[From the Twitter thread started by @JessieSunPsych] Jessie Sun (@JessieSunPsych) relayed the following question that was raised at a recent Psychology conference: “At what point can a theory be falsified (e.g., if the effect size is d = .02)? We often…

Read More[From the blog “Justify Your Alpha by Decreasing Alpha Levels as a Function of the Sample Size” by Daniël Lakens, posted at The 20% Statistician] “Testing whether observed data should surprise us, under the assumption that some model of the data is…

Read More[From the recent working paper, “The Costs and Benefits of Replication Studies” by Coles, Tiokhin, Scheel, Isager, and Lakens, posted at psyarxiv.com/c8akj] “The debate about whether replication studies should become mainstream is essentially driven by disagreements about their costs and benefits,…

Read MoreThis past week, the International Methods Colloquium hosted a conference call on a recent proposal to reduce the threshold of statistical significance to 0.005. Participants included Daniel Benjamin, Daniel Lakens, Blake McShane, Jennifer Tackett, E.J. Wagenmakers, and Justin Esarey, all…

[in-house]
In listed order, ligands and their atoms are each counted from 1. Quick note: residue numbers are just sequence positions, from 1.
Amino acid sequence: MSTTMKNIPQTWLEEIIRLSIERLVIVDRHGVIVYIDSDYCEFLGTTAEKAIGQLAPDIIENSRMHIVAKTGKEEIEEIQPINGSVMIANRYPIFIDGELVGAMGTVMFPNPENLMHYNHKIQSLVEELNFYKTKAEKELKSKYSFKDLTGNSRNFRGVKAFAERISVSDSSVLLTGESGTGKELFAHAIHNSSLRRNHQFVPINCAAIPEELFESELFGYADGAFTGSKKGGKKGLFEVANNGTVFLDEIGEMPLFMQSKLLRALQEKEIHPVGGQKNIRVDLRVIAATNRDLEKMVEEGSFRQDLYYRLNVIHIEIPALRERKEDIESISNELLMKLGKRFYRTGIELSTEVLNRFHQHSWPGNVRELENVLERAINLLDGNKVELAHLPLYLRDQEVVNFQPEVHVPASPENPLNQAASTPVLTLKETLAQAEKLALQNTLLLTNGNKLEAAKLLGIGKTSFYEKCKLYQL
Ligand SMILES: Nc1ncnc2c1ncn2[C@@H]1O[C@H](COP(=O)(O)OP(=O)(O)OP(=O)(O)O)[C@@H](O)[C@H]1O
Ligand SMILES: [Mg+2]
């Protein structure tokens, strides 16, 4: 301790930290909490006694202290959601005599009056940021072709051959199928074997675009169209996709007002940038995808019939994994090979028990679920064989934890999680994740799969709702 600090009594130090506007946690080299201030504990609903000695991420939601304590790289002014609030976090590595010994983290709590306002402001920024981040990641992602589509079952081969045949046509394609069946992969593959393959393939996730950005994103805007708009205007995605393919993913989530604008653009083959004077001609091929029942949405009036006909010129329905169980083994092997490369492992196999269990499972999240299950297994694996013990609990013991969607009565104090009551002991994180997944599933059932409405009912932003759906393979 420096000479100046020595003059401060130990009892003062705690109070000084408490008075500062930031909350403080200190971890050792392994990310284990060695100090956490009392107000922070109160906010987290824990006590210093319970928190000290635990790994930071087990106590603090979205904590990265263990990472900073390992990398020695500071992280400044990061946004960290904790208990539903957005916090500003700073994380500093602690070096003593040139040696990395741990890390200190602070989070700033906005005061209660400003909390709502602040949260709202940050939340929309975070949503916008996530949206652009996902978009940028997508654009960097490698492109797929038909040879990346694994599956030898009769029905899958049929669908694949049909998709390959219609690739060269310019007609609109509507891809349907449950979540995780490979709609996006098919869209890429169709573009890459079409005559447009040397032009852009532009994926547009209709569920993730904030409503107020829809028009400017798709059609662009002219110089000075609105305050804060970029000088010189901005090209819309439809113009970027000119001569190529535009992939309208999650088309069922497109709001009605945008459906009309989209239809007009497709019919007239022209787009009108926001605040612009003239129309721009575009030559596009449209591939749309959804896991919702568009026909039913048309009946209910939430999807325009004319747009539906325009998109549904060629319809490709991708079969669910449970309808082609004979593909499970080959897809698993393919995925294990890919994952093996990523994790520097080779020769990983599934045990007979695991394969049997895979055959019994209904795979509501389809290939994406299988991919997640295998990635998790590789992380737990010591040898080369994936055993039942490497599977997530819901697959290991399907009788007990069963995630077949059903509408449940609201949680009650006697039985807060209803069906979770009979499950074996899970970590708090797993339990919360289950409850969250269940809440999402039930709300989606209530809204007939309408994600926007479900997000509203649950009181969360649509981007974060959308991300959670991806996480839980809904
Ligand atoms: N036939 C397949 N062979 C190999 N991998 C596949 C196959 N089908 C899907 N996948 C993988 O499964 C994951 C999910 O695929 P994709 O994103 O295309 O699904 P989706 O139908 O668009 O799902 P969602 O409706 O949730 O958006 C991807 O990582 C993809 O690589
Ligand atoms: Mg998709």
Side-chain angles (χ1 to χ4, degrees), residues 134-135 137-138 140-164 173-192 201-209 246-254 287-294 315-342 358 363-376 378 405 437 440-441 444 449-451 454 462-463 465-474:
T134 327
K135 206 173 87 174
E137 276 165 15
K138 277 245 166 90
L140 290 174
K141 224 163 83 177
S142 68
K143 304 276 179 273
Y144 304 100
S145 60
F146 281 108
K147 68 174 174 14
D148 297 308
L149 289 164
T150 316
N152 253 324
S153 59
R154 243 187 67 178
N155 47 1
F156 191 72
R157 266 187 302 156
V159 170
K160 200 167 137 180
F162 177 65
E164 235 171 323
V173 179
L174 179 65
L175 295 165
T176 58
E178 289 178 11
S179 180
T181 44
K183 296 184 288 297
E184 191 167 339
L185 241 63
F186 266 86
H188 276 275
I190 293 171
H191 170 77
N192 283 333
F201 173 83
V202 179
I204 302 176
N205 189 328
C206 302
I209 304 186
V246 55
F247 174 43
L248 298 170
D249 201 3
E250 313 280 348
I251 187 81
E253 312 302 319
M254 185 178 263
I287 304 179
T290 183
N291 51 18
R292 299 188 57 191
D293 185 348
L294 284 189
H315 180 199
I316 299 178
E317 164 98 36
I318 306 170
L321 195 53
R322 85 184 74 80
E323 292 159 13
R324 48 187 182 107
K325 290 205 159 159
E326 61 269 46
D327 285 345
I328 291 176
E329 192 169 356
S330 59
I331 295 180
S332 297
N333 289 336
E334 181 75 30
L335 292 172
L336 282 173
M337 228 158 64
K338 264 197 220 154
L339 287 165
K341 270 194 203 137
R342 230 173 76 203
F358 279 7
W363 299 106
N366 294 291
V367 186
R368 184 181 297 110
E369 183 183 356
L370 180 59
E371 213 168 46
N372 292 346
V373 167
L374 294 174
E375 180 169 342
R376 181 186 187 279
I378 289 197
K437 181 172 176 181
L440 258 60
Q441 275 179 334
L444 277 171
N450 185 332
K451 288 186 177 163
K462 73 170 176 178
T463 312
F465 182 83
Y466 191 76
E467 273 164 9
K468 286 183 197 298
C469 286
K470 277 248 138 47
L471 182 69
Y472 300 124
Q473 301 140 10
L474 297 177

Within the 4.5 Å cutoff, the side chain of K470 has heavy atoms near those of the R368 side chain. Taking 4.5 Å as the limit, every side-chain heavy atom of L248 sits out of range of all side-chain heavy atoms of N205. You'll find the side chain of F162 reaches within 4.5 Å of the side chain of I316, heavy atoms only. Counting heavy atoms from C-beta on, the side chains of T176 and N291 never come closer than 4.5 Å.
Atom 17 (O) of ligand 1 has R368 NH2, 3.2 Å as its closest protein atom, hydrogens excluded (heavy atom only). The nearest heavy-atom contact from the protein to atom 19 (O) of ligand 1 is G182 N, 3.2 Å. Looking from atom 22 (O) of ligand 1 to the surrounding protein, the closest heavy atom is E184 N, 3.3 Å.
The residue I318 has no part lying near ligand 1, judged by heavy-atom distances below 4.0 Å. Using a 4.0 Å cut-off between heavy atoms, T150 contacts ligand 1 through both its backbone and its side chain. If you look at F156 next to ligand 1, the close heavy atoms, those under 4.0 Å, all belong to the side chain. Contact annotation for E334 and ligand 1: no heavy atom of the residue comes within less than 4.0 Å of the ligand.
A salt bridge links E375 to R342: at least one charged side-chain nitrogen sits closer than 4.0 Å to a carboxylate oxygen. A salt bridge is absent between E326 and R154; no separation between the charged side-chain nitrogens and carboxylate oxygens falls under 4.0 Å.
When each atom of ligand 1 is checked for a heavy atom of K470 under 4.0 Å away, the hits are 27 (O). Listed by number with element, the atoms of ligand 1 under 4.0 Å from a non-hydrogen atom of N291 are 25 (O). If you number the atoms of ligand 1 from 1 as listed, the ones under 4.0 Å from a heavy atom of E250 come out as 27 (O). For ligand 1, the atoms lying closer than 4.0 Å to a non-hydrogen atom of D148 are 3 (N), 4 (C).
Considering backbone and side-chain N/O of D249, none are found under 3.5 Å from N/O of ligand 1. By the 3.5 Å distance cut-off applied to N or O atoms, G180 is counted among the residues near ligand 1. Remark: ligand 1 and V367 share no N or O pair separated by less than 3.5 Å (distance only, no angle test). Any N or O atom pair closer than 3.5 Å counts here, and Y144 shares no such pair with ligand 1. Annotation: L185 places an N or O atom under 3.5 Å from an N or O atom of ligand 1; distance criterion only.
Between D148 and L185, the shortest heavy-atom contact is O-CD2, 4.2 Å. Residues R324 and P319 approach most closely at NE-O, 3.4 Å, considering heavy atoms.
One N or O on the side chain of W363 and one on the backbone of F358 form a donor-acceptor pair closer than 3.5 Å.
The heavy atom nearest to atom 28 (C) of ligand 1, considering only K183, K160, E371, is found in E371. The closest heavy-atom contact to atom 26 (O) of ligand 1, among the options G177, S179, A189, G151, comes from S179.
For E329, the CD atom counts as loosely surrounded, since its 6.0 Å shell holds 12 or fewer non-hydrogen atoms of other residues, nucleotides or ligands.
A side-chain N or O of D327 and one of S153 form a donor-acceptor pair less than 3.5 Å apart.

Read MoreEach year, the Berkeley Initiative for Transparency in the Social Sciences (BITSS) awards prizes to researchers who have made substantial contributions to improving transparency in research practices. The prizes are names after Ed Leamer (economics) and Robert Rosenthal (psychology) through…

Read MoreObserved power (or post-hoc power) is the statistical power of the test you have performed, based on the effect size estimate from your data. Statistical power is the probability of finding a statistical difference from 0 in your test (aka…

Read MoreWhen we perform a study, we would like to conclude there is an effect, when there is an effect. But it is just as important to be able to conclude there is no effect, when there is no effect. So…

Read MoreIn a recent article in PLOS One, Don van Ravenzwaaij and John Ioannidis argue that Bayes factors should be preferred to significance testing (p-values) when assessing the effectiveness of new drugs. At his blogsite The 20% Statistician, Daniel Lakens argues…

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